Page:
It has come to this—Victoria wants to round up a posse of municipalities to sue oil companies for damages from climate change. Not only is such a case well-nigh impossible to prove, it is also full of rich ironies. Weather-related damages, termed “perils” in Canadian insurance plans, are more commonly called acts of God. How ironic that leftist environmentalists envision the power to place oil companies on the divine throne, then sue him for damages? Yet, Victoria, inspired by a U.N. mandate, wants to do just that—and get Vancouver and other cities to follow.
On January 17, a city-of-Victoria councillor issued a dire warning; “Our province is in a climate emergency and response from fossil fuel companies has been inadequate.” Is this emergency worse than when the same councillor got a poinsettia one month prior, so he ranted against city dollars spent on Christmas? At the time, the City of Victoria had suffered just 2 cm of snow all winter. February brought a remarkable dump, but in no way was that “global warming.”
The “inadequate response” has more substance. In 2017, 16 B.C. municipalities wrote 20 fossil fuel companies to request compensation for damages from climate change. Only Shell Canada wrote back, and to the City-of-Victoria councillor’s chagrin, Shell did not commit to stopping fossil fuel production or take financial responsibility for acts of God.
As for the personal acts of the ranting councillor, his city biography suggests he is somewhat responsible for the climate damages he condemns. He boasts that he has travelled to “more than 70 countries for work or pleasure.” Did he walk there, or did the exhaust of fossil-fueled airplanes, taxis, and cars follow him?
It’s not as bad as 1,500 private jets to Davos, Switzerland to discuss climate change, but I digress.
“The cost of climate change has been overwhelming for local governments in B.C.,” the Victoria city councillor ranted, “and taxpayers shouldn’t be the only ones paying for the impacts.”
If anyone had charged taxpayers for climate change, it was the City of Victoria’s Council. The population of 85,700 will spend $14.5 million to complete phase one of its bike lane project. That’s $170 per resident to reduce car lanes to somehow create less congestion. The costs were twice that of projections, partly because Victorians demanded changes so at least some space remained for parking. The Mayor responded by saving eight parking spots at the 600 block of Fort Street for $500,000.
Only a government could spend half a million dollars to keep what’s already there.
During the Mayor’s first mandate, the City of Victoria got the Association of Vancouver Island and Coastal Communities to endorse its oil letter campaign, but not the Union of British Columbia Municipalities. The Mayor admitted in her re-election platform, “part of the inspiration for the next four years comes from the United Nations 2030 Development Goals.” Having survived last October’s election with 43 percent of the vote, she is ready to try again to see which other recently elected counterparts will join the cause.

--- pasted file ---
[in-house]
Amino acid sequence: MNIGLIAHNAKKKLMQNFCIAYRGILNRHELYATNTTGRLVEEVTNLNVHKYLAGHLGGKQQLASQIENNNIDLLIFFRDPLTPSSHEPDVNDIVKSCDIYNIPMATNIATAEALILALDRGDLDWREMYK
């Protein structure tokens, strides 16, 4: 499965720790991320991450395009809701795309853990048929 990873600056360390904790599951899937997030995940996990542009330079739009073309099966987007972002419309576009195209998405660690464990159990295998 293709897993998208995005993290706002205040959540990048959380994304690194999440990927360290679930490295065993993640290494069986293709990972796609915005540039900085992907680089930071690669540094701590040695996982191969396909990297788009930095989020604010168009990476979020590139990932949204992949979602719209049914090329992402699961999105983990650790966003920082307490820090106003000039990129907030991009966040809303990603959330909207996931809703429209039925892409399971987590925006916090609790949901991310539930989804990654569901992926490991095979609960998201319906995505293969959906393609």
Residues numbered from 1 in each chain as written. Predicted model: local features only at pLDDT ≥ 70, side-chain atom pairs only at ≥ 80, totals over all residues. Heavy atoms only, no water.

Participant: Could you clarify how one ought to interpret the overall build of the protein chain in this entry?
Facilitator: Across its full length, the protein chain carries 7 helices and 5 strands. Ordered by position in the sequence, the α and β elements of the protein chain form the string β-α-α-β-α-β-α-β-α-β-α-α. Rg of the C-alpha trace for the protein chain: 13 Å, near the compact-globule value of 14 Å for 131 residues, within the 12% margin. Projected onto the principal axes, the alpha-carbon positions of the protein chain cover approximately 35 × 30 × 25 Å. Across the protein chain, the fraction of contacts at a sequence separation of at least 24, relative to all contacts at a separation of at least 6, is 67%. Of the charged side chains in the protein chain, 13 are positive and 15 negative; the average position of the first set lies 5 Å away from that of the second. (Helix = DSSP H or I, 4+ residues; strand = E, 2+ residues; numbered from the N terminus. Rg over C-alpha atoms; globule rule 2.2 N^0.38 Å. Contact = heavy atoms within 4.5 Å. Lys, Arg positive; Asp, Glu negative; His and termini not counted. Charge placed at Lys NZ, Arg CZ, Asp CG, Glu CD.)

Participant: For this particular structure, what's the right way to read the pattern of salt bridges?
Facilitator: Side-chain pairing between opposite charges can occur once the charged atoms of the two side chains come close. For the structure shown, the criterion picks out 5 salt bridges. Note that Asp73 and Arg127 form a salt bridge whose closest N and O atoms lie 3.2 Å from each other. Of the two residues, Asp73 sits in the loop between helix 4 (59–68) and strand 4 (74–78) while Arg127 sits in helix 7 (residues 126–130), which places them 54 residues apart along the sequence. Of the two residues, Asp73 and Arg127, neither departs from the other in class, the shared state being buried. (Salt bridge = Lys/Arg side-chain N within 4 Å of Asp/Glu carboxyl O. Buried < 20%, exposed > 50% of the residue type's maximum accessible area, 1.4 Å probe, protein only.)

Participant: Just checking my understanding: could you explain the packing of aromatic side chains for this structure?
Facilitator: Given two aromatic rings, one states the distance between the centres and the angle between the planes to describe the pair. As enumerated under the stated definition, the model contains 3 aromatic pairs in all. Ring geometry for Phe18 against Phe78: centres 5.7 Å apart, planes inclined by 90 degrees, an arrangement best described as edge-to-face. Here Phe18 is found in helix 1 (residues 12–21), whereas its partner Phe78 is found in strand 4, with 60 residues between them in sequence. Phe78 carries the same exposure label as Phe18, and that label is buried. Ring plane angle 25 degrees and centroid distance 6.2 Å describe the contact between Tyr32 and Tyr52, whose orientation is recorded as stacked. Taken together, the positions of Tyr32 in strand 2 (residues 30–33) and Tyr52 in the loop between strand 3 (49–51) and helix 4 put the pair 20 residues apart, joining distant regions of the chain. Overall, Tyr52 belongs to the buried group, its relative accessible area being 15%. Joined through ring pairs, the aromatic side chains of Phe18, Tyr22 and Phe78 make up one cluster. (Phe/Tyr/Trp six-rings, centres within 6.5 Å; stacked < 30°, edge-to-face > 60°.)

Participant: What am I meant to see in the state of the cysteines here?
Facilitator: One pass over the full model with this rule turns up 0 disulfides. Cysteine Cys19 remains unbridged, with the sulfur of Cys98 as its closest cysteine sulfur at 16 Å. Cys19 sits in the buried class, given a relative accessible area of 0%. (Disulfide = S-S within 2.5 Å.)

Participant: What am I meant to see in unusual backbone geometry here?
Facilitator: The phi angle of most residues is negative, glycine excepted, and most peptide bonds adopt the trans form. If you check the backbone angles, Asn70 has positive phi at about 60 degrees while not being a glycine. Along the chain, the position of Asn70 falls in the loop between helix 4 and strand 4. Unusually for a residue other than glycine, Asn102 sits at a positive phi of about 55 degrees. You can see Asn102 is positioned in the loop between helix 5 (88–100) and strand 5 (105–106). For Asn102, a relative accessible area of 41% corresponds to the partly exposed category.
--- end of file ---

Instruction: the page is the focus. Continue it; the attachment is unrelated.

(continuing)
Vancouver might. a lawsuit against the oil company has the support of the mayor and councillors. Included are the Green Party members, the Coalition of Progressive Electors, and OneCity. “We will have to decide how much political capital to stake on that,” one councillor said, noting a legal loss would also be a financial one for taxpayers, and a political loss for its proponents.
This risk is zero for lawyers. Currently, West Coast Environmental Law is advising municipalities on the complex legal issues. Those consultations can’t come cheap. And a lawsuit against twenty global oil companies really can’t come cheap. If the lawsuit wins, great. And if it loses, oh well. They will be paid for trying and their high-profile efforts will attract future clients.
This attempt is comparable to, but more difficult than, the pay equity case fought by Canada Post employees for 30 years that wrapped up last fall. “Lots of lawyers have put their children through university on this case,” admitted University of Toronto Professor David Doory. For three decades, Canadians paid for lawyers and court proceedings, and now face higher mailing costs to cover the $250 million judgment. Similarly, a lawsuit against oil companies would gouge Canadians to cover legal fees. Even if it somehow succeeded, Canadians would indirectly pay the damages in higher driving and home heating bills.
Canada produces only 1.6 percent of worldwide man-made carbon emissions, and these oil companies produce 30 percent of that worldwide total. That’s a poor case. It is legally even more difficult to conclusively pin bad Canadian weather on oil companies. It enthrones them as God to blame them for acts of God, then getting money from God. When the bill comes home to taxpayers, they can’t blame lawyers for the audacious attempt. They can only blame the politicians who claimed oil companies took the place of God.